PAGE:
There are only so many ways to get rid of claims early in the case. One of them is arguing indefiniteness at claim construction, for the judges who permit that.
Indefiniteness at Markman typically invoves either a Nautilus-style argument about a term lacking reasonable certainty, or a § 112 ¶ 6 argument that a means-plus-function term lacks corresponding structure in the specification.
Today, Judge Andrews addressed such a § 112 ¶ 6 argument, and found both that software terms reciting an "engine" were means-plus-function terms, and that the terms lacked corresponding structure in the specification. First, he found that "engine" is a "nonce word" that doesn't refer to a specific structure—breaking with at least one case that found the opposite:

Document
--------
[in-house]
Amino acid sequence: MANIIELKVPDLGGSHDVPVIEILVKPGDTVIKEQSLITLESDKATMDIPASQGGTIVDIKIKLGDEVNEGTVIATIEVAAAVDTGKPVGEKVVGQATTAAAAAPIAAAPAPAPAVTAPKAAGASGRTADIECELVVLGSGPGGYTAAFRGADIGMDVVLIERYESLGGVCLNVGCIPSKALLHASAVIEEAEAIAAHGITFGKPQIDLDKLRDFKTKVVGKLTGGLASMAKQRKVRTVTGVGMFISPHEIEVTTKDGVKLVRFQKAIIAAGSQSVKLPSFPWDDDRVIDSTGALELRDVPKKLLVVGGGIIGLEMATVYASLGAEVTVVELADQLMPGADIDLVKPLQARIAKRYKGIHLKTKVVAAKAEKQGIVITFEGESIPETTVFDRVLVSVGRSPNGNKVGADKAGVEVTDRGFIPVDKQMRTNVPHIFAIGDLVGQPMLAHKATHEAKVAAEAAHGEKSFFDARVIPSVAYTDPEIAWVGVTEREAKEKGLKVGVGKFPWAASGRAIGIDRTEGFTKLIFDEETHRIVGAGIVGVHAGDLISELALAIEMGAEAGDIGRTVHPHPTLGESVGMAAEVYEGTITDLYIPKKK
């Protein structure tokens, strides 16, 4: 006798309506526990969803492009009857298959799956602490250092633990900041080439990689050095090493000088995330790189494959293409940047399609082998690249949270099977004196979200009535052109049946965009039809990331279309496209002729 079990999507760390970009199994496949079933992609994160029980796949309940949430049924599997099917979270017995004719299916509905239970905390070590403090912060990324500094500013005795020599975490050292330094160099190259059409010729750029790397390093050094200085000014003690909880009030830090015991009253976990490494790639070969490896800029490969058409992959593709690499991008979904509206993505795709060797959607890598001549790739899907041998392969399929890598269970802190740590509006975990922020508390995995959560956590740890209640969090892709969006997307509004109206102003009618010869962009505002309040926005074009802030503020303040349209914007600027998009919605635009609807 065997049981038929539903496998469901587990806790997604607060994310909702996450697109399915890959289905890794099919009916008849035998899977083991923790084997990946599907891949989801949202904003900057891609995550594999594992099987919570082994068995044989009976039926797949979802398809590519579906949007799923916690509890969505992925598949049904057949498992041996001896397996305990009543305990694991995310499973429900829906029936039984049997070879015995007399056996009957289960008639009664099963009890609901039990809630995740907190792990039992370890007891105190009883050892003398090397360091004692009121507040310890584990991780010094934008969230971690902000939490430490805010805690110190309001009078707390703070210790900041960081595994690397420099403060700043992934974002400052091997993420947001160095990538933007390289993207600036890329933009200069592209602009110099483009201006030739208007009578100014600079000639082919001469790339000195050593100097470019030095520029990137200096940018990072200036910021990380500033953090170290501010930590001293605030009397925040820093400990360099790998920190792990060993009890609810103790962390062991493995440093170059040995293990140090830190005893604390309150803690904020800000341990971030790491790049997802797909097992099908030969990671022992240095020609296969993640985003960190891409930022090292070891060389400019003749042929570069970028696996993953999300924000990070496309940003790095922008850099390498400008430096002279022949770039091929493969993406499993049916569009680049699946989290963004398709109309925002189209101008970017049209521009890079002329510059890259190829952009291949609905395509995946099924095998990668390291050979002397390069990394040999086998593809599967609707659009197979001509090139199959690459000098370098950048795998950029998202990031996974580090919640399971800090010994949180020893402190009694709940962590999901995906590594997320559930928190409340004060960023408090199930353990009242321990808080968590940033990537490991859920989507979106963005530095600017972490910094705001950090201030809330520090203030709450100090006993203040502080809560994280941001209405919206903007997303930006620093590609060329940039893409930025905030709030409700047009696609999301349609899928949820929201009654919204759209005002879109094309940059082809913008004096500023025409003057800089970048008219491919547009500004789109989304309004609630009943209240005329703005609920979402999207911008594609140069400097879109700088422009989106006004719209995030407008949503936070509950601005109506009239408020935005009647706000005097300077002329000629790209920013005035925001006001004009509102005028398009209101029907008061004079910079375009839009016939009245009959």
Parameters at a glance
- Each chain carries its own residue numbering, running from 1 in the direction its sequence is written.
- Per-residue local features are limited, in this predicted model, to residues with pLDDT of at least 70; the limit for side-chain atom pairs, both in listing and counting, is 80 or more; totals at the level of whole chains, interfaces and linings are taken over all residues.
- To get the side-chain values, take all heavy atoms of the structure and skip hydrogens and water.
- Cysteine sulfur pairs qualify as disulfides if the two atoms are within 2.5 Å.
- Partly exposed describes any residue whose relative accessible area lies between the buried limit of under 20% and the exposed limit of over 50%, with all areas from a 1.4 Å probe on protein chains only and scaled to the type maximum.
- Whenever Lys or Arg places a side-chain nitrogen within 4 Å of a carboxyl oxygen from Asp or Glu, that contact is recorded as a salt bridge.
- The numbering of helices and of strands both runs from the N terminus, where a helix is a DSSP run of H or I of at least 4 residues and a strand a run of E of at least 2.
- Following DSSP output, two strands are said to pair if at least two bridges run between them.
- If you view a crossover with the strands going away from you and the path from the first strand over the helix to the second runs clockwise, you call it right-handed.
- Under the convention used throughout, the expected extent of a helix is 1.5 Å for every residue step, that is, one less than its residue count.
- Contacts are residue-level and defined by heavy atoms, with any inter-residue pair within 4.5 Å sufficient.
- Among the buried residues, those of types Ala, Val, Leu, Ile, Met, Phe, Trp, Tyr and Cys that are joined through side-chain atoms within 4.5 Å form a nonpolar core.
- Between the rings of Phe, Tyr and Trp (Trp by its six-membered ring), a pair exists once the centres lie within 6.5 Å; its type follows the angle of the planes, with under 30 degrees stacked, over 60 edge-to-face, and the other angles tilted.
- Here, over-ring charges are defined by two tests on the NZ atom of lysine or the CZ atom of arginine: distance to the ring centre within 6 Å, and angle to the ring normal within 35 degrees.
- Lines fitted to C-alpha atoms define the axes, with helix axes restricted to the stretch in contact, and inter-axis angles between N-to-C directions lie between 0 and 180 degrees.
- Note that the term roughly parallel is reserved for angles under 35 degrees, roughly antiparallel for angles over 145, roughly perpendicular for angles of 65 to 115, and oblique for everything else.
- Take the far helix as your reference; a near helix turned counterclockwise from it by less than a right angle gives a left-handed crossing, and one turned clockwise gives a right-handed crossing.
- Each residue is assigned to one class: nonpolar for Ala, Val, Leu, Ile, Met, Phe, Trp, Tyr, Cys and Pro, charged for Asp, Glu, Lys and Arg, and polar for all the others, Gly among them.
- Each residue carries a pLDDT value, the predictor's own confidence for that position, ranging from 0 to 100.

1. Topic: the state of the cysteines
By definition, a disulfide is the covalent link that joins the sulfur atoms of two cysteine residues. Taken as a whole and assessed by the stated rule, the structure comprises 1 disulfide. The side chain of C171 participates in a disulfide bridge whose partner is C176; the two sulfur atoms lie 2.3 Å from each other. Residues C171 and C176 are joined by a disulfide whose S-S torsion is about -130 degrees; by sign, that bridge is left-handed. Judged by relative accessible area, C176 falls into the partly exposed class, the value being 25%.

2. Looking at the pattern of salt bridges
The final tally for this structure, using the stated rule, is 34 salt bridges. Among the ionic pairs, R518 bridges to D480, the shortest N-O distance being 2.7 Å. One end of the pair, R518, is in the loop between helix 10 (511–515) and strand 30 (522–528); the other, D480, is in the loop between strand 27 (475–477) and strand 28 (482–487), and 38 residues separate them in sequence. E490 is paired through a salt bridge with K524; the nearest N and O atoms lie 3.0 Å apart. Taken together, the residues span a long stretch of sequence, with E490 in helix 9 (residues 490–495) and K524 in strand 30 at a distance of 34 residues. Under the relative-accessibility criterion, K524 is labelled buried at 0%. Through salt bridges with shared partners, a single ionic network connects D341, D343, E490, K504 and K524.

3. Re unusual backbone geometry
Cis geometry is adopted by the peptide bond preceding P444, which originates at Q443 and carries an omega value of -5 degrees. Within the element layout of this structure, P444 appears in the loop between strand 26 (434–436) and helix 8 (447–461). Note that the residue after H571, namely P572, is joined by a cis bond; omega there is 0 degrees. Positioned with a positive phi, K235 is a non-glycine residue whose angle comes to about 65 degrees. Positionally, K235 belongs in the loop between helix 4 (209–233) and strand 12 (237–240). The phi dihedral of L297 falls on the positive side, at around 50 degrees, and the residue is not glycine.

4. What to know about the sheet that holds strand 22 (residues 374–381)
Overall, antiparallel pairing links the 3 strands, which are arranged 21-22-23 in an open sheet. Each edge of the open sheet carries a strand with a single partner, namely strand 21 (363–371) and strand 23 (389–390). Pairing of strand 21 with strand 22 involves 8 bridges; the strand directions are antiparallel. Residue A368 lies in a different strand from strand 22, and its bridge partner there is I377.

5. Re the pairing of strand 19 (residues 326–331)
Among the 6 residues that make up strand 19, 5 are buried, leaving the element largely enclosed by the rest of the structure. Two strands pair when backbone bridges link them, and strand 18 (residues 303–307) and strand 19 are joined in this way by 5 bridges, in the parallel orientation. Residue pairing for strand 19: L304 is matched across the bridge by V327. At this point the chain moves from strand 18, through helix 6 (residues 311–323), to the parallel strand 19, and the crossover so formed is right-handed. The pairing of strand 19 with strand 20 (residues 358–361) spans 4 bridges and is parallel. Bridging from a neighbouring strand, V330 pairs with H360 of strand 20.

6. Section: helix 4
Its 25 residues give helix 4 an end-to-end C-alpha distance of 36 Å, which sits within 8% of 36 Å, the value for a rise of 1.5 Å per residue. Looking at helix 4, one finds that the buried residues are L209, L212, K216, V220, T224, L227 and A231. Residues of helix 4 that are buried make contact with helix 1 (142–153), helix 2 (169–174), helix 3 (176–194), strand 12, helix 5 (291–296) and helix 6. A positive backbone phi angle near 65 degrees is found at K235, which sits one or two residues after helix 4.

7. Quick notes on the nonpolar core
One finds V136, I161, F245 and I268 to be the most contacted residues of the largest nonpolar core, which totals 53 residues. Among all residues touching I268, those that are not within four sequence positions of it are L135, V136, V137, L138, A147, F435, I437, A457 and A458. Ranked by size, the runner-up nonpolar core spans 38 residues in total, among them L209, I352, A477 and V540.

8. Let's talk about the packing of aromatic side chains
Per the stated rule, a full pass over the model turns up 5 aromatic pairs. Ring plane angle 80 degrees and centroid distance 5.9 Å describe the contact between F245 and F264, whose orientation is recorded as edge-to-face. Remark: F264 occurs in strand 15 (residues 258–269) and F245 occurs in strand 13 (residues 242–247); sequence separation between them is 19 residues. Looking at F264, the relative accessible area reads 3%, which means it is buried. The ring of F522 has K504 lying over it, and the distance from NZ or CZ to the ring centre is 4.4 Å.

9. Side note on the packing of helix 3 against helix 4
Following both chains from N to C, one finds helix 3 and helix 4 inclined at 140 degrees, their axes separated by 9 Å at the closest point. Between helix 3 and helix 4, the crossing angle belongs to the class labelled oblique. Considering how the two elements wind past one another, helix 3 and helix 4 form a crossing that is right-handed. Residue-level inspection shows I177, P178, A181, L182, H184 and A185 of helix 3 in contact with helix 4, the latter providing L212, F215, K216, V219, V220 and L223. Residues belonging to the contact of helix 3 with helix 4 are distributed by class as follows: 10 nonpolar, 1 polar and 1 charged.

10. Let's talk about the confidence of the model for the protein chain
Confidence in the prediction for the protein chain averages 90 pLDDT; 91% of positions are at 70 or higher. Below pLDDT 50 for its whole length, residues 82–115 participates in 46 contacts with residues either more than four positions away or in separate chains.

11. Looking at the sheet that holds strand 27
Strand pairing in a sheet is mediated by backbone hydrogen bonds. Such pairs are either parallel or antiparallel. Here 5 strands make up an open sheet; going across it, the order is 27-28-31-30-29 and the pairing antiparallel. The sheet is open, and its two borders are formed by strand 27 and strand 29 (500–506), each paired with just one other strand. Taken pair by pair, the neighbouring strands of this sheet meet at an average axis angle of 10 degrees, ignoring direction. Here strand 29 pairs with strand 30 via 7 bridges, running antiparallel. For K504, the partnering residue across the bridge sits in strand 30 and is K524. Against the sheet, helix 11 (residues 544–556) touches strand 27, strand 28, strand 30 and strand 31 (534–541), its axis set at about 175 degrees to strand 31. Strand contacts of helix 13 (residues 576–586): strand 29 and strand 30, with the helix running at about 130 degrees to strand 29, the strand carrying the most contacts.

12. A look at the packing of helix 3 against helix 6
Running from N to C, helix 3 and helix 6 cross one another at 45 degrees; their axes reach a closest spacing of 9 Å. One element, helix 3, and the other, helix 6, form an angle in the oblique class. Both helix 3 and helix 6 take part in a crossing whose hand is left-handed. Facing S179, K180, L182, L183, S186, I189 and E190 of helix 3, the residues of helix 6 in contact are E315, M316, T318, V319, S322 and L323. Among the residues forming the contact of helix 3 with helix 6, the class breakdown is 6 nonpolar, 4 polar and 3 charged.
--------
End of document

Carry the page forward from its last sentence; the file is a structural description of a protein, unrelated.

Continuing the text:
I agree with Defendant that “analysis engine” is a means-plus-function limitation. Defendant has overcome the presumption that “analysis engine” is not subject to § 112, ¶ 6 by showing the claim fails to “recite sufficiently definite structure.” . . . The parties agree that an “engine” in this context refers to a program or part of a program to perform a function or manages data. . . . “Engine” appears to be synonymous with “module,” which is recognized as a common “nonce” word. Williamson, 792 F.3d at 1350 (finding “module” to mean “a generic description for software or hardware that performs a specified function” to be a “well-known nonce word”); see also Parity Networks, LLC v. ZyXEL Commc'ns, Inc., 2020 WL 8569299, at *6 (C.D. Cal. Dec. 22, 2020) (finding “engine” was a nonce word in the term “multicast engine”). But see Stragent, LLC v. Amazon.com, Inc., 2011 WL 13152568, at *4 (E.D. Tex. June 27, 2011) (finding “engine” conveyed structure and was not subject to § 112, ¶ 6).
The argument that the "analysis engine" was part of the novelty of the patent was not enough to save it—and that argument may have even hurt the plaintiff ...